The first piece of information is on how to read a crowd. He says throughout college and his teaching internship he focused on himself as a teacher and how his superiors viewed him. He would see teachers deliver lessons that were not student-centered, meaning they didn't focus on student comprehension. Mr. McClung made sure his lessons were driven by his audience.

Mr. McClung says being flexible is also very important. At the beginning of the year, he would try and be overly controlling with his lessons. He realized that his audience is a crowd of elementary school children and he doesn't need to worry if his lessons go off course. How you plan your lesson is always different than how it is actually delivered. Nothing is going to go perfectly so teachers need to be flexible and work with the situation in front of them.

Communication, says Mr. McClung is one of the hardest skills to develop, but it is the most important. He says build strong relationships with the students and other teachers at your school. When there is good communication, issues can be resolved easily and the focus can return to the students and the classroom. Mr. McClung also makes a good point when he says we, as teachers, should remember to be reasonable. Don't hold too high of expectations for your students. Don't be upset when they fail. The teacher's job is to pick them back up, dust them off, and continue to encourage them. Never stop encouraging.

Mr. McClung's next piece of advice is one I find humorous. He says not to be afraid of technology. I couldn't ever see myself being afraid to use technology, but I suppose that's because I am around it constantly. In fact, I'm eager to use technology in my classroom. Mr McClung also says technology is out friend and we shouldn't be overwhelmed before we even begin to use it.

Mr. McClung's last two vital tips are to listen to your students and never stop learning. Both of which are extremely important. Teachers must listen to their students in order to receive respect from them. Professional educators must always continue to learn and grow.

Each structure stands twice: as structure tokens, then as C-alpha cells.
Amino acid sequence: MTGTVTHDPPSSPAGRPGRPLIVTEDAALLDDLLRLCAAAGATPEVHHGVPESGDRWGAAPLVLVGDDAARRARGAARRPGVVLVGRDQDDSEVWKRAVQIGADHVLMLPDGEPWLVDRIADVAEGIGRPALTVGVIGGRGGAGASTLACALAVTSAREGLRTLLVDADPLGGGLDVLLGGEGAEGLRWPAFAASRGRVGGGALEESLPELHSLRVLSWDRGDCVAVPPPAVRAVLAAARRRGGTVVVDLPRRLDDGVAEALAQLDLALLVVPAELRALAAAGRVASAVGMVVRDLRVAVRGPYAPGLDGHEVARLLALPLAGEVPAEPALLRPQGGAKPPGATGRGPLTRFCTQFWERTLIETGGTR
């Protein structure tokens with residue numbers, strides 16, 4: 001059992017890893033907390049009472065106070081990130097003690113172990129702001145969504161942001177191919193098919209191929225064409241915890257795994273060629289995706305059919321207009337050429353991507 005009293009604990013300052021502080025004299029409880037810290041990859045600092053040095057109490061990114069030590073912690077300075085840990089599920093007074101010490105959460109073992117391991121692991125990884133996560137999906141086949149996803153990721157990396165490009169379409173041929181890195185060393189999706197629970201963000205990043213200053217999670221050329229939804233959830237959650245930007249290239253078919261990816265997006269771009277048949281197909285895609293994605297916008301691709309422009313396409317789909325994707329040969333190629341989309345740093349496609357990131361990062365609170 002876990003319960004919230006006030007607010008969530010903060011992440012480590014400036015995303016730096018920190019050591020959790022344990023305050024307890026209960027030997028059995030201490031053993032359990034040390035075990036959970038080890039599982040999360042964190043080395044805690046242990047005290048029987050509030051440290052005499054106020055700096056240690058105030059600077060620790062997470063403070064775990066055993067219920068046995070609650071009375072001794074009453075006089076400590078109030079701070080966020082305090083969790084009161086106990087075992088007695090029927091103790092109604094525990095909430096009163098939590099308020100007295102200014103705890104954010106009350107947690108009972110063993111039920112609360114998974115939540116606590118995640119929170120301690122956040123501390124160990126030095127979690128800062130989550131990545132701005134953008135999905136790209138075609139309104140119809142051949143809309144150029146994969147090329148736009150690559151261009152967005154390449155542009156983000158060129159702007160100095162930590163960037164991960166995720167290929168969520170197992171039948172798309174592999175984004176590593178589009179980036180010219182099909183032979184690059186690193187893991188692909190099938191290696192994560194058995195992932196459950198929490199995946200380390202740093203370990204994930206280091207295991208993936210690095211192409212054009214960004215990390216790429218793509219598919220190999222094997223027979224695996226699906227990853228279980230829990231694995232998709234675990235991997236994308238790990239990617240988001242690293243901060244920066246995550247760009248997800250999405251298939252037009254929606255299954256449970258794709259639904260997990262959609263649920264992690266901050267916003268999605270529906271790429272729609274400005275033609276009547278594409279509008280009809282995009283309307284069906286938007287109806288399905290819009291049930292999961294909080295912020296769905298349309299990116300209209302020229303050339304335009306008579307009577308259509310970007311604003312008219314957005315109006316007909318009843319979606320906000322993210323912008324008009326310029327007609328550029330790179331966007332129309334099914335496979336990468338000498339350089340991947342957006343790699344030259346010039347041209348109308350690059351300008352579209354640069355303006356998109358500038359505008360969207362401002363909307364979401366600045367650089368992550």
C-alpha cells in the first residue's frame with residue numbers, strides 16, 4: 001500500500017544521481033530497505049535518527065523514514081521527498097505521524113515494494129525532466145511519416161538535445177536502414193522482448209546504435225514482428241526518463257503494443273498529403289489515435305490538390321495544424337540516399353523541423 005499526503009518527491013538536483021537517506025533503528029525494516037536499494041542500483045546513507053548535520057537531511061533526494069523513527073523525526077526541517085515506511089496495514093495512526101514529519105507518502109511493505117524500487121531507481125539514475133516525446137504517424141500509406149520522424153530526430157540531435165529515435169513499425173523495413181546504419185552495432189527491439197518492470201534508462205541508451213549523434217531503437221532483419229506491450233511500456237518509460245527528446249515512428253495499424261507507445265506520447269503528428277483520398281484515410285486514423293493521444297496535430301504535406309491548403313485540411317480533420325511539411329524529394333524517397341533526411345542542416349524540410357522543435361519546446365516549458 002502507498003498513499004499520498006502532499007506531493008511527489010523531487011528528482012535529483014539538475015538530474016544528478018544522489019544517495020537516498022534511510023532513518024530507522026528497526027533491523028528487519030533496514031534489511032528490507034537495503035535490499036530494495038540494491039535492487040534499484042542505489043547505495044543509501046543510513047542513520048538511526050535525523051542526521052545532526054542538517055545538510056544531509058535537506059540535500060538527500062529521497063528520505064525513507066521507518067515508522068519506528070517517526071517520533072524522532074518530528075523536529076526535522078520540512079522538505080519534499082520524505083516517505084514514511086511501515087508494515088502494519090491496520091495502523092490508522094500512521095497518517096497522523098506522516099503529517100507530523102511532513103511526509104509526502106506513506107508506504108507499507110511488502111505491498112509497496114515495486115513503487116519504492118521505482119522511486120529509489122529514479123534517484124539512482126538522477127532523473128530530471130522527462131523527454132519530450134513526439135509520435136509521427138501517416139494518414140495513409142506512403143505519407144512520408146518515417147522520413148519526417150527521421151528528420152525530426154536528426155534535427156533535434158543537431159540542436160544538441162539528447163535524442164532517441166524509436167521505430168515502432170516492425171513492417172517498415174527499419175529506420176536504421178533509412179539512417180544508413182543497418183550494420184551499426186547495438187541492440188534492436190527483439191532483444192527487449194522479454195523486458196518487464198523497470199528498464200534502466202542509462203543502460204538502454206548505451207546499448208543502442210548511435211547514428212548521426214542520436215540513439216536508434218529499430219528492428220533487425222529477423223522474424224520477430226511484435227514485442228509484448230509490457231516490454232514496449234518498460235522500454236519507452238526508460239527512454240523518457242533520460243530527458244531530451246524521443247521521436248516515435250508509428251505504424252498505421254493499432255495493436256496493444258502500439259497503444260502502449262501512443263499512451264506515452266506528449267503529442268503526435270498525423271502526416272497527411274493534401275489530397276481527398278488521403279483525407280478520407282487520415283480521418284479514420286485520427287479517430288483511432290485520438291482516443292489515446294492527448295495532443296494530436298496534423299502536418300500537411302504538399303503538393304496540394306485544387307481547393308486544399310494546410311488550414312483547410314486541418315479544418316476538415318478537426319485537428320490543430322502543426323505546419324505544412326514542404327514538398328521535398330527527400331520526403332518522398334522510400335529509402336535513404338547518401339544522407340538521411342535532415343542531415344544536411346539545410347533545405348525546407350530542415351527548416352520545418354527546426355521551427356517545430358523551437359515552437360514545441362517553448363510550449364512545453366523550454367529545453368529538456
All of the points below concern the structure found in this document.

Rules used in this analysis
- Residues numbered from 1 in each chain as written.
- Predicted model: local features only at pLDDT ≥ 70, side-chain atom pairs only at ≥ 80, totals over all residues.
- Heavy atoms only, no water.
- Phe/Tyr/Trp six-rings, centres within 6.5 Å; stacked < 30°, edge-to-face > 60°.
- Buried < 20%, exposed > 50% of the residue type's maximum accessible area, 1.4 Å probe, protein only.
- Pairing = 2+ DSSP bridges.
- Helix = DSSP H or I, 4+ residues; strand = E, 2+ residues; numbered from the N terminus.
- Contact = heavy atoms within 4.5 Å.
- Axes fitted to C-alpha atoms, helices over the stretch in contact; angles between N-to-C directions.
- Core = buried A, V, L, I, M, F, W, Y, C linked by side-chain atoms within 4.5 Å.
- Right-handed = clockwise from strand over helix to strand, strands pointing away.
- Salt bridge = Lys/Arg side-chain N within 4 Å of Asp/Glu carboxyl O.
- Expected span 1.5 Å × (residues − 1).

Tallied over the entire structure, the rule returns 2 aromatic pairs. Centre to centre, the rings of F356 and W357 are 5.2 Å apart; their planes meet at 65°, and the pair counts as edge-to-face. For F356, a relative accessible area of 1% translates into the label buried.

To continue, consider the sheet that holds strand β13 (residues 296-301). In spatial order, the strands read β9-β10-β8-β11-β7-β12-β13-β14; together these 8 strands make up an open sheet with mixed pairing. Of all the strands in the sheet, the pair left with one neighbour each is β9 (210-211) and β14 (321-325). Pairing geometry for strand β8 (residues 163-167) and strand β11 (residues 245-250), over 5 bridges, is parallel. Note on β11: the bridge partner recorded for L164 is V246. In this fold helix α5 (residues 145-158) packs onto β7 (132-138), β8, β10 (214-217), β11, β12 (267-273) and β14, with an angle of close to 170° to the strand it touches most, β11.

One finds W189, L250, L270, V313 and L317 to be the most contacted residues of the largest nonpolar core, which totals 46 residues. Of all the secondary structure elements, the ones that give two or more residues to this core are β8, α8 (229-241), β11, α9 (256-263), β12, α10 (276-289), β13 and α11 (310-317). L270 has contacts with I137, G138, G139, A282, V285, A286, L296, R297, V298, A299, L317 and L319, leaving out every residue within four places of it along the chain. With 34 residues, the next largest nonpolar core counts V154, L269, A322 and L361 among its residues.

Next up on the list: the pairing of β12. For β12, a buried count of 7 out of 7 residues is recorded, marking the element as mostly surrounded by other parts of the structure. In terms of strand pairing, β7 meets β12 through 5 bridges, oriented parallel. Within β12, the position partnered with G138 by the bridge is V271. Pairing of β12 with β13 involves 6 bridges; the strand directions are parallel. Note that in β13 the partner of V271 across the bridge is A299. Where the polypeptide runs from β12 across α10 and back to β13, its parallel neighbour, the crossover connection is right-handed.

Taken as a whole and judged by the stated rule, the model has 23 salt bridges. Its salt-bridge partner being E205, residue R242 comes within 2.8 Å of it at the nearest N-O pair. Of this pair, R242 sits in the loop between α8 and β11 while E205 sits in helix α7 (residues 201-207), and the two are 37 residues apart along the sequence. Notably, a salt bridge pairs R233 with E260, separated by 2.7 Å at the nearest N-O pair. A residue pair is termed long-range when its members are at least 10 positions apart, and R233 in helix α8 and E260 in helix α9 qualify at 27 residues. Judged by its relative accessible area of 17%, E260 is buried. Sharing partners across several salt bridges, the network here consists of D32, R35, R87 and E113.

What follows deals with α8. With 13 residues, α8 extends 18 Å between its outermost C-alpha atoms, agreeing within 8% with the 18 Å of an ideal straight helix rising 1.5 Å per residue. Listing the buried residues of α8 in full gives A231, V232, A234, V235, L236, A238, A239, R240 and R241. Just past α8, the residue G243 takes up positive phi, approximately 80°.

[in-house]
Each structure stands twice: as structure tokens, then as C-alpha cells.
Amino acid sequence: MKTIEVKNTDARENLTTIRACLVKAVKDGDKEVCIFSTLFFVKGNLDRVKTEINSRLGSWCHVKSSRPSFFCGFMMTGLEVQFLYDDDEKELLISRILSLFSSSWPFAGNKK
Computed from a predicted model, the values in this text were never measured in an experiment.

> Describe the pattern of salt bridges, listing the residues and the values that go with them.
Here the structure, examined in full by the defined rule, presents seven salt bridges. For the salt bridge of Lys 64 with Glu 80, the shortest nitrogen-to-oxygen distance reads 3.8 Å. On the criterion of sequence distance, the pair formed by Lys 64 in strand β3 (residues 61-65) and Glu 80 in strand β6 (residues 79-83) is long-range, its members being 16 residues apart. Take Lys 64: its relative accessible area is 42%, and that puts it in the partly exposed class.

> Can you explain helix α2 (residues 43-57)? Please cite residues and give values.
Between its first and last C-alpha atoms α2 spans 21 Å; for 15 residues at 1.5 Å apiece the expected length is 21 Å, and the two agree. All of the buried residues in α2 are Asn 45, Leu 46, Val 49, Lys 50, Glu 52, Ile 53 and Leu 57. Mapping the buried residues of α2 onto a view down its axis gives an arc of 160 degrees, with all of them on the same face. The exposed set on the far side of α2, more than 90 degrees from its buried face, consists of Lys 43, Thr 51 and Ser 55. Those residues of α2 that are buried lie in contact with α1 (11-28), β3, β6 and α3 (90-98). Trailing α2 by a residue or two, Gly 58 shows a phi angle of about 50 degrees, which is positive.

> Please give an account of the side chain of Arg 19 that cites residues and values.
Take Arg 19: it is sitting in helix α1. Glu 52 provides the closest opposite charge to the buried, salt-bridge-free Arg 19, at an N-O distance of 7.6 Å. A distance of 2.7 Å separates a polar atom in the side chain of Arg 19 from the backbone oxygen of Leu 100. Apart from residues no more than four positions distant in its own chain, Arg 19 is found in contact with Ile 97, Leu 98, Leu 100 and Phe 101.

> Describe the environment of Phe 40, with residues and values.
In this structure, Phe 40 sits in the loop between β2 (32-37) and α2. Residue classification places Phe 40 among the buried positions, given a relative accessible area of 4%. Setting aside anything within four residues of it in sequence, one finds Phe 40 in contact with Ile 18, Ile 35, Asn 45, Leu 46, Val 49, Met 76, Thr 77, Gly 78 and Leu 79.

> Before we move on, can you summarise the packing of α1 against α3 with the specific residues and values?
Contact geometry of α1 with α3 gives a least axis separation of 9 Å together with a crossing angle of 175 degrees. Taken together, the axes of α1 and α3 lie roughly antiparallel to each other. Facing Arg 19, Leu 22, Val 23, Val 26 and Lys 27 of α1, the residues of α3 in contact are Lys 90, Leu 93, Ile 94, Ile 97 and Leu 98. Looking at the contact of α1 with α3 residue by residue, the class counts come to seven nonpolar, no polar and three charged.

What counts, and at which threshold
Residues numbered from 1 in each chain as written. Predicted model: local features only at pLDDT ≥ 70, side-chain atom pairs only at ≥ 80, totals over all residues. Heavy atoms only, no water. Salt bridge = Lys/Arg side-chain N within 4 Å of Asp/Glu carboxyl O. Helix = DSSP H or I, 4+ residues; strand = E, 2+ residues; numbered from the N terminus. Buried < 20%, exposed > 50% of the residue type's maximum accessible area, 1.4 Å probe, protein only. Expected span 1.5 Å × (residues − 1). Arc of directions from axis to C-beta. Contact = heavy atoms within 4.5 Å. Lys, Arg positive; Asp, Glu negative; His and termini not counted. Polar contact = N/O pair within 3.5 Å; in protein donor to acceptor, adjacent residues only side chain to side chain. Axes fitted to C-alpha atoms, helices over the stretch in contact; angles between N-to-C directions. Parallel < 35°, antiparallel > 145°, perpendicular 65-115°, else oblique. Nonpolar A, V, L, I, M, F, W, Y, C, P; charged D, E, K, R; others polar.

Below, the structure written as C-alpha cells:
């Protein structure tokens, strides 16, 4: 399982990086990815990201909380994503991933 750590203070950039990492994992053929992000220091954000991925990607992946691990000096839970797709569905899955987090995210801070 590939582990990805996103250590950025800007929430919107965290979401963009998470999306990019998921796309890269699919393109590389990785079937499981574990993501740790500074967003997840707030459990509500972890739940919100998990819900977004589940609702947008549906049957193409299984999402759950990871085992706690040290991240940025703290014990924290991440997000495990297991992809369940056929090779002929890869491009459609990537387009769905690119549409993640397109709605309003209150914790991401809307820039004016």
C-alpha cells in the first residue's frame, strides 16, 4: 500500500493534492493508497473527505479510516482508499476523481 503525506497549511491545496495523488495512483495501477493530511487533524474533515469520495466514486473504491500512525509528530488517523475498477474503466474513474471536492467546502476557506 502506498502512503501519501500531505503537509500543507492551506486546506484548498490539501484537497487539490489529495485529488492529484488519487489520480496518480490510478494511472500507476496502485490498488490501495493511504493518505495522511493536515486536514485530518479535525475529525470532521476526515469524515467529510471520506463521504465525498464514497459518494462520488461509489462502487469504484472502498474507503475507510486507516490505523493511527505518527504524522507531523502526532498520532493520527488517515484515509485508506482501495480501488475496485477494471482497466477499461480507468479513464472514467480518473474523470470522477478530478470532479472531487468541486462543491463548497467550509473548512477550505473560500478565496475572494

I really enjoyed reading Mr. McClung's post about his first year teaching. He really seems to enjoy teaching and learning new things every year. I plan to remember all of the tips he shared on his post. It's important to stay positive, continue to learn and grow, and remember that the students should always be the center of focus.

1 comment:

  1. Hey Elizabeth!

    Great writing skills!
    Everything was well-written and very informative!

    I only saw a couple of errors:

    Your first sentence, in the paragraph of the second section in this post that talks about communication, was, "Communication, says Mr. McClung is one of the hardest skills to develop, but it is the most important."
    -You should have put a comma after "Mr. McClung".

    The only other mistake I saw is in the very next paragraph. You said, "Mr McClung also says technology is out friend and we shouldn't be overwhelmed before we even begin to use it."
    -I think you meant to put "our" instead of "out".

    Both were very simple mistakes and can easily be fixed!

    I, also, chose to read his 1st year's report. I was very interested, myself, in seeing how his perspective changed in one year.

    You're doing a great job. Keep up the good work!